Saturday, July 23, 2011

Chickens: The Good, the Bad and the Ugly!

Ah yes, the skinny on being urban, or suburban chicken livestock keepers.  Having done this for exactly four months today, I thought it was high time I shared my experience, mostly from today alone.

I'll start with the Good. Today I had the incredible opportunity to partake upon the Coop of Dreams tour in nearby Everett, WA.  Apparently it's a tradition of backyard chicken keepers there to have a self-directed coop tour, where they open up their yards and flocks to inspection.  I saw it advertised in the paper last week and set out to go with the kids.  We had a blast, so that's the good thing. I got to talk to like minded folks and see what necessity, ingenuity and creativity did for them, and how different it all turned out.  There really are 1,000 ways to raise chickens.  Amazing really.

I also got to see about a dozen different breeds, many I recognized from my own flock, but many I've never seen in real life.  So many happy, healthy chickens of various ages.  Very cool!

Now for the Bad.  I was polite and civil as always, holding my tongue, but spending a bit of time on Backyard will indoctrinate just about everyone to the rule of thumb that says chickens need a minimum of 4 SF per bird for a coop and 10 SF per bird for a daytime run space.  That's what I went off of when building my setup, and my birds seem quite content with it. 

So, when I was going around the the various tour sites, I couldn't help but internally critique their setups.  Every coop was completely different, which was the point of the tour, though in general, folks gave their birds far too little coop space.  The worst offender had one of those A-Frame style portable coops with the siding most of the way down and a run underneath.  However, they had like 10 birds in a 12 SF coop!  No wonder they were squawking up a storm the whole time I was there. I know, chickens are overwhelming raised in cages where they can't stand up or stretch their wings, but come one! 

Only one of the 7 we made it to before the tour time ended impressed me for space.  It was a 10x10 shed for 10 birds, and they free ranged.  Simple but elegant.  I was very impressed.

Finally, the Ugly.  Being a livestock farmer is tough.  No, the 10 minutes a day I spend taking care of my chickens isn't tough at all, except that it HAS to get done.  I can say I'm still not used to it after four months of doing it.  They say it takes 21 days to make a habit.  I beg to differ.  I have yet to master the forethought of looking out at my daily schedule and making sure they chickens get in before dark.  It wouldn't be so bad if I had a predator-proof arc, but I still have chicken wire on it.  Take today for example.  It's a busy summer Saturday.  We've got a packed schedule that requires dividing the forces, meeting up at an amazing party at a dear friend's home in Monroe, about 45 minutes from home.  If I had planned better, I would have had my wife put the girls in their coop and mini-run around 3 PM, forcing them to survive on 8 SF MORE of combined space than their arc allows.  Instead, we were forced to leave the party way before it was over, just when the band was starting, to head home to put the girls away.  Sure, it's not nearly as bad as being parents, but it does require forethought.  Live and learn... my brother didn't put his away either, so I stopped by his house to do the same for him.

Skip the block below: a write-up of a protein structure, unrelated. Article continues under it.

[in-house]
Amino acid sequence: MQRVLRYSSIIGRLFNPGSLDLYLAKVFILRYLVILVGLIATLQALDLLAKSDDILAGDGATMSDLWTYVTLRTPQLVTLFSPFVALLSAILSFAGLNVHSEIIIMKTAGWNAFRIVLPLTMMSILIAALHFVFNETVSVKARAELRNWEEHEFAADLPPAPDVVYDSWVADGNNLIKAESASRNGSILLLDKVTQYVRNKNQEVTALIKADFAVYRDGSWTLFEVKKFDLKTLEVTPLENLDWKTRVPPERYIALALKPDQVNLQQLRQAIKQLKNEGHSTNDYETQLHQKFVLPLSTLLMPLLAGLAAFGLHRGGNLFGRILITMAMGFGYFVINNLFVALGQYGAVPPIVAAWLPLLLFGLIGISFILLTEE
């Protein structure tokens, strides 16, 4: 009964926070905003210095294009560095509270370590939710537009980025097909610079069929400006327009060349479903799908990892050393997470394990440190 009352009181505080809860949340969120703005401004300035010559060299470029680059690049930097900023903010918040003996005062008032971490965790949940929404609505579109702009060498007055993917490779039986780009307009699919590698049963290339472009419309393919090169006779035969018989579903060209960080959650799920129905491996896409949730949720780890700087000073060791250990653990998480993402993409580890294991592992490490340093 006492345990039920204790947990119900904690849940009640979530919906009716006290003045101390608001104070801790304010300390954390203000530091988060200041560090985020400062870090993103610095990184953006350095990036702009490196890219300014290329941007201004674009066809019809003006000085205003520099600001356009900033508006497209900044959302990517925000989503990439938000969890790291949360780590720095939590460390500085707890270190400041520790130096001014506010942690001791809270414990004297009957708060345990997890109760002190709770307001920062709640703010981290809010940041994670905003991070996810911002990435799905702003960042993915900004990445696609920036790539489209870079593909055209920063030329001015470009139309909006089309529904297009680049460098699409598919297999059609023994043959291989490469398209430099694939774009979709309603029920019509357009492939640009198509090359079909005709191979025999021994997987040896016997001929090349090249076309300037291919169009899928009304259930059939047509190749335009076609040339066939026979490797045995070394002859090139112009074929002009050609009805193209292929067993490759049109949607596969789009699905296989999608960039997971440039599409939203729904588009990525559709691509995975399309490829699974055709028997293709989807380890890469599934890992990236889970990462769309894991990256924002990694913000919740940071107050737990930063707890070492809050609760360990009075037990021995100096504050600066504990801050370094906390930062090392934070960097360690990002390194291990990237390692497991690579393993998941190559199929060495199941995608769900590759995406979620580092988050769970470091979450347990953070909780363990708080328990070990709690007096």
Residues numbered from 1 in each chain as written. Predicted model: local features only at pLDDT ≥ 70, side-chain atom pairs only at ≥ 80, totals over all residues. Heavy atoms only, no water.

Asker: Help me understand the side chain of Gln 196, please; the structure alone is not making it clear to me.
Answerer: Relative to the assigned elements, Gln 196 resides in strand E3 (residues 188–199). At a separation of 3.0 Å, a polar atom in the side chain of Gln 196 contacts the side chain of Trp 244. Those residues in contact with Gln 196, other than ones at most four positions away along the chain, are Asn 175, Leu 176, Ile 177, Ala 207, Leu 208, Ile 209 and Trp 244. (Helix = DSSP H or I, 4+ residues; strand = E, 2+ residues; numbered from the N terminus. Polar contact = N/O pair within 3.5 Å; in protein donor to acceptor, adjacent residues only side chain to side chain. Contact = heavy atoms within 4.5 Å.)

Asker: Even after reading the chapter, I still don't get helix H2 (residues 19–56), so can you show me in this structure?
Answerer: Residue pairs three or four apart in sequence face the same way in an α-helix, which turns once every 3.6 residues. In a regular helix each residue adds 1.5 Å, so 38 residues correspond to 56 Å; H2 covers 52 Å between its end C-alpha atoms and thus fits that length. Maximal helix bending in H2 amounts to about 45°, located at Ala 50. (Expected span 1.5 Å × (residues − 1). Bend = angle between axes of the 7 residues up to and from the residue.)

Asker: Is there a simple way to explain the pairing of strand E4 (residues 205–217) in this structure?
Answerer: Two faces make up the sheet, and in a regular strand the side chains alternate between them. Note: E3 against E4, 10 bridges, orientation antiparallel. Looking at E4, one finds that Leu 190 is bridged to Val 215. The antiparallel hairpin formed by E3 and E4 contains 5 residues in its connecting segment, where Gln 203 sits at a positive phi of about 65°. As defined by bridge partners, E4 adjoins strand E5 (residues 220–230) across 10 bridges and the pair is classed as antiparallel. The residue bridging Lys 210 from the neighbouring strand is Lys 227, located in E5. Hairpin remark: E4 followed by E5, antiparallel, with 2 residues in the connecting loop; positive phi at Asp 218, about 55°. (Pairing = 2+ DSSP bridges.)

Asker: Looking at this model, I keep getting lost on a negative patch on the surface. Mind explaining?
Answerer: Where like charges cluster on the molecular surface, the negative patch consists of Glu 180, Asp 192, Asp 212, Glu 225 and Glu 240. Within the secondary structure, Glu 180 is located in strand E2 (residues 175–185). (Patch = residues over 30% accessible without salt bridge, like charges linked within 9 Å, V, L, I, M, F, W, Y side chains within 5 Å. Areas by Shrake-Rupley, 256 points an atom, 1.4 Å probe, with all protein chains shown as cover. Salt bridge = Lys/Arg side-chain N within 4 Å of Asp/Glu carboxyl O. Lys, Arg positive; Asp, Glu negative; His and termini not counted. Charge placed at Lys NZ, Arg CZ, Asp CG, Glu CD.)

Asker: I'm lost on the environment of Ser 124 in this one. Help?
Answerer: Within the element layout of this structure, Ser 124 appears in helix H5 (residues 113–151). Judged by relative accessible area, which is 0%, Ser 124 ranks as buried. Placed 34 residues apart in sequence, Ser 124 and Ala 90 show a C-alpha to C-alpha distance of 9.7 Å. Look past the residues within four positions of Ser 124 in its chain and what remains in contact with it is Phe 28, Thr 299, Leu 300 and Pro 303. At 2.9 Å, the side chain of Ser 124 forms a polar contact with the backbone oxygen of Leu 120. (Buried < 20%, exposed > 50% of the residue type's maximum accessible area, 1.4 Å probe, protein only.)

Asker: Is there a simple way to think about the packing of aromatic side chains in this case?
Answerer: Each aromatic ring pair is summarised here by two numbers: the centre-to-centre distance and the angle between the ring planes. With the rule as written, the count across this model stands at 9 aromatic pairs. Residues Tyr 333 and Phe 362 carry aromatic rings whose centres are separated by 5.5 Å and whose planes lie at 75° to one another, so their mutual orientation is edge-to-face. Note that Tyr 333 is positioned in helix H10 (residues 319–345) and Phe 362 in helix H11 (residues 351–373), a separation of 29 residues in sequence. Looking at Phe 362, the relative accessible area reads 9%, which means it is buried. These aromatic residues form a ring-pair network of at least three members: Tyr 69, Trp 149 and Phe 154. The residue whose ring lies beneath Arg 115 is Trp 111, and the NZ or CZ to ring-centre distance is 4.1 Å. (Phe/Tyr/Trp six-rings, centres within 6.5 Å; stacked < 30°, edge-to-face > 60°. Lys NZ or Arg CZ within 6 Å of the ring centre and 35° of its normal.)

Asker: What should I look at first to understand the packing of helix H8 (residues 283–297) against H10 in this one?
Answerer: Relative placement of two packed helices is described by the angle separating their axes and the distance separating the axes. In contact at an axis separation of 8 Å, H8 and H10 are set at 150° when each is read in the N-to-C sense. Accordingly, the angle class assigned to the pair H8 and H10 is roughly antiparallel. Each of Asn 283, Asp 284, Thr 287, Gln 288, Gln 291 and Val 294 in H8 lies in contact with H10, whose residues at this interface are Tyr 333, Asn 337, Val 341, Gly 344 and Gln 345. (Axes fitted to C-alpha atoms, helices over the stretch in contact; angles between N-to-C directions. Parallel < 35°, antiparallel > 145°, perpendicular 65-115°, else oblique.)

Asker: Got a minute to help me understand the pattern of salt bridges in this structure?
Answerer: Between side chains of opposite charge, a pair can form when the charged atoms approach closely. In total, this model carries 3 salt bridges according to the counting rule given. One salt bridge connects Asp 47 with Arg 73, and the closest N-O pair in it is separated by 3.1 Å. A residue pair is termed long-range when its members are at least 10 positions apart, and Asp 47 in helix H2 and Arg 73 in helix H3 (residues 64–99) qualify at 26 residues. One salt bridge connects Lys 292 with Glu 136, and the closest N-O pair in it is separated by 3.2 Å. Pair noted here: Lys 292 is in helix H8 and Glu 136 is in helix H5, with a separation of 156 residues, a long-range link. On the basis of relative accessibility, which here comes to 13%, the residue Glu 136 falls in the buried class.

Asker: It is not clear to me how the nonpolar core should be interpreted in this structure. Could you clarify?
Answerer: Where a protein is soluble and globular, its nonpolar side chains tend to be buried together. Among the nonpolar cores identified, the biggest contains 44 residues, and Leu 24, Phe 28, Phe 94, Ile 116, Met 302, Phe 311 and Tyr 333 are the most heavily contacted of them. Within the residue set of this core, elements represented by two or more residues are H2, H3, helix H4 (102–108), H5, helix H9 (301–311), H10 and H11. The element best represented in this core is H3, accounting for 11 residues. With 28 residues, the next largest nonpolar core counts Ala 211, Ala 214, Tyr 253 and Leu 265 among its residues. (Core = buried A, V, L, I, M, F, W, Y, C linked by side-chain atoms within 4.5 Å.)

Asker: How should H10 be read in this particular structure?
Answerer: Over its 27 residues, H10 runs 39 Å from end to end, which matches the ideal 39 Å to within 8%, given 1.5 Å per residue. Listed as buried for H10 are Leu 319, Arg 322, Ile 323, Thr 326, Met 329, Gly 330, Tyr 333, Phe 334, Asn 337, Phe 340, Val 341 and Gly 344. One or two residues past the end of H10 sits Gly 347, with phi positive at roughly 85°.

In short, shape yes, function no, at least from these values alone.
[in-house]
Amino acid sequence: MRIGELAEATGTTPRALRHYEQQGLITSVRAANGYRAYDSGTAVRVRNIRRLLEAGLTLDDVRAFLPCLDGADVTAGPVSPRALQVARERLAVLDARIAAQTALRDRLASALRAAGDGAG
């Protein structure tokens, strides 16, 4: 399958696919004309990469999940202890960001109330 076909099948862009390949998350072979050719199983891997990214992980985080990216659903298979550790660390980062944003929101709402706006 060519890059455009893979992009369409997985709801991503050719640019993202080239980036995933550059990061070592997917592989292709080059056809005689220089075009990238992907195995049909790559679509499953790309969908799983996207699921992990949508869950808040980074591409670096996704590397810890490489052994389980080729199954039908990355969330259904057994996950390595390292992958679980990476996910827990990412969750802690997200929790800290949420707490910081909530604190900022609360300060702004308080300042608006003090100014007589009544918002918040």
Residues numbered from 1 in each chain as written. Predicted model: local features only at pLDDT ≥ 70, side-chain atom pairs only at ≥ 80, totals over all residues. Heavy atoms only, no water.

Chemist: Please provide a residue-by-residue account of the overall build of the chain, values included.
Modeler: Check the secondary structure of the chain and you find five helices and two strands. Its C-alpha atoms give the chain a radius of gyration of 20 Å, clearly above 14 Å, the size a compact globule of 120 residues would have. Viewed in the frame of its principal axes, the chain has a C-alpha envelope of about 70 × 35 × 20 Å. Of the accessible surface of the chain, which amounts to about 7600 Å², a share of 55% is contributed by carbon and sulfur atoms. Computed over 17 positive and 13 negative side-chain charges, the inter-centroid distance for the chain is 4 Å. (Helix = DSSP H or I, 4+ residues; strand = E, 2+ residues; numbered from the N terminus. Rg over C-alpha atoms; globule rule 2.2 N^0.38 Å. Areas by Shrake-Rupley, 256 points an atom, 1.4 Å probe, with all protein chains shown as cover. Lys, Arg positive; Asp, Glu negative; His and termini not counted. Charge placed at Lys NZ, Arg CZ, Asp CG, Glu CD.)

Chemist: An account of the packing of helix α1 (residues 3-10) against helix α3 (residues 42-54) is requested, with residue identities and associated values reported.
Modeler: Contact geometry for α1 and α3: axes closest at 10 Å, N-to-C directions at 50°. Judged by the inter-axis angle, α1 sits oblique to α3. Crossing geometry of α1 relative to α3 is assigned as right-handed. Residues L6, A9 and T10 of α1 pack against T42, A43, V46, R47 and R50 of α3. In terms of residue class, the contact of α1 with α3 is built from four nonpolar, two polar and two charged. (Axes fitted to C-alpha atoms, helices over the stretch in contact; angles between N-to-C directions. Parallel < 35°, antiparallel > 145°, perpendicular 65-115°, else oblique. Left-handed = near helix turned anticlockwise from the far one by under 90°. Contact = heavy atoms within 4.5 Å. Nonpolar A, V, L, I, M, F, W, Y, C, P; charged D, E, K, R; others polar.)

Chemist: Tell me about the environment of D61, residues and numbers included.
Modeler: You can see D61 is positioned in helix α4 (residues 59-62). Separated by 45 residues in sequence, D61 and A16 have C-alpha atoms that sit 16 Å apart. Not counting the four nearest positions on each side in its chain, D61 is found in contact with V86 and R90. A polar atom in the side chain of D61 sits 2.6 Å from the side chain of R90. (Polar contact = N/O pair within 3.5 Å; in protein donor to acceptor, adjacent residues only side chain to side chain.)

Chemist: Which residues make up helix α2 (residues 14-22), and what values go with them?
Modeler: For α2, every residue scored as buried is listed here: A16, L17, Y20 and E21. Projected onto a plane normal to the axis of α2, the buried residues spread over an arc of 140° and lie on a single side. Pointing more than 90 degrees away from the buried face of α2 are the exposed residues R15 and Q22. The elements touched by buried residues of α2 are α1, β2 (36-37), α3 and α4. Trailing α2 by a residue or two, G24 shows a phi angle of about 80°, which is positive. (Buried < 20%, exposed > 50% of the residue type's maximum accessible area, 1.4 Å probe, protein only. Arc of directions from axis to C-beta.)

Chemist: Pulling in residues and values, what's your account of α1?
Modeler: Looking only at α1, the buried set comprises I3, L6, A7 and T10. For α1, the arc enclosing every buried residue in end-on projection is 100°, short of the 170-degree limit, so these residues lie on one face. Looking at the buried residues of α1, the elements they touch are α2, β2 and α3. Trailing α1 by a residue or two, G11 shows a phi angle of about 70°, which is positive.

I'll leave you with a cool tid-bit I learned today.  Apparently Buff Orpingtons can start laying as early as 4 months, so Buffy will be 4 months next week (she's a week younger than my other girls).  Not only that, but when they start laying, it starts the others to do so as well, so I *could* be getting eggs soon.  Wouldn't that be cool!



  1. I sure hope egg-laying peer pressure works on your flock!

    We're so happy with the self-cooping of our birds. If I ever really have to lock them up, I will, but knock wood, the raccoons seem willing to leave them alone when they're inside.

  2. Good luck on the egg laying. And that is the one reason I haven't pressured my husband for chickens yet. That and traveling. You really do HAVE to be there for your livestock.

  3. I have to say that I am with you on the observation that lots of folks are putting their birds into too cramped of an environment - only leads to flock stress and unhealthy birds (or injury from fighting and the inability to get away from the more aggressive birds). I give my hens much more than the minimum and it really makes a difference in their general relaxation and good health.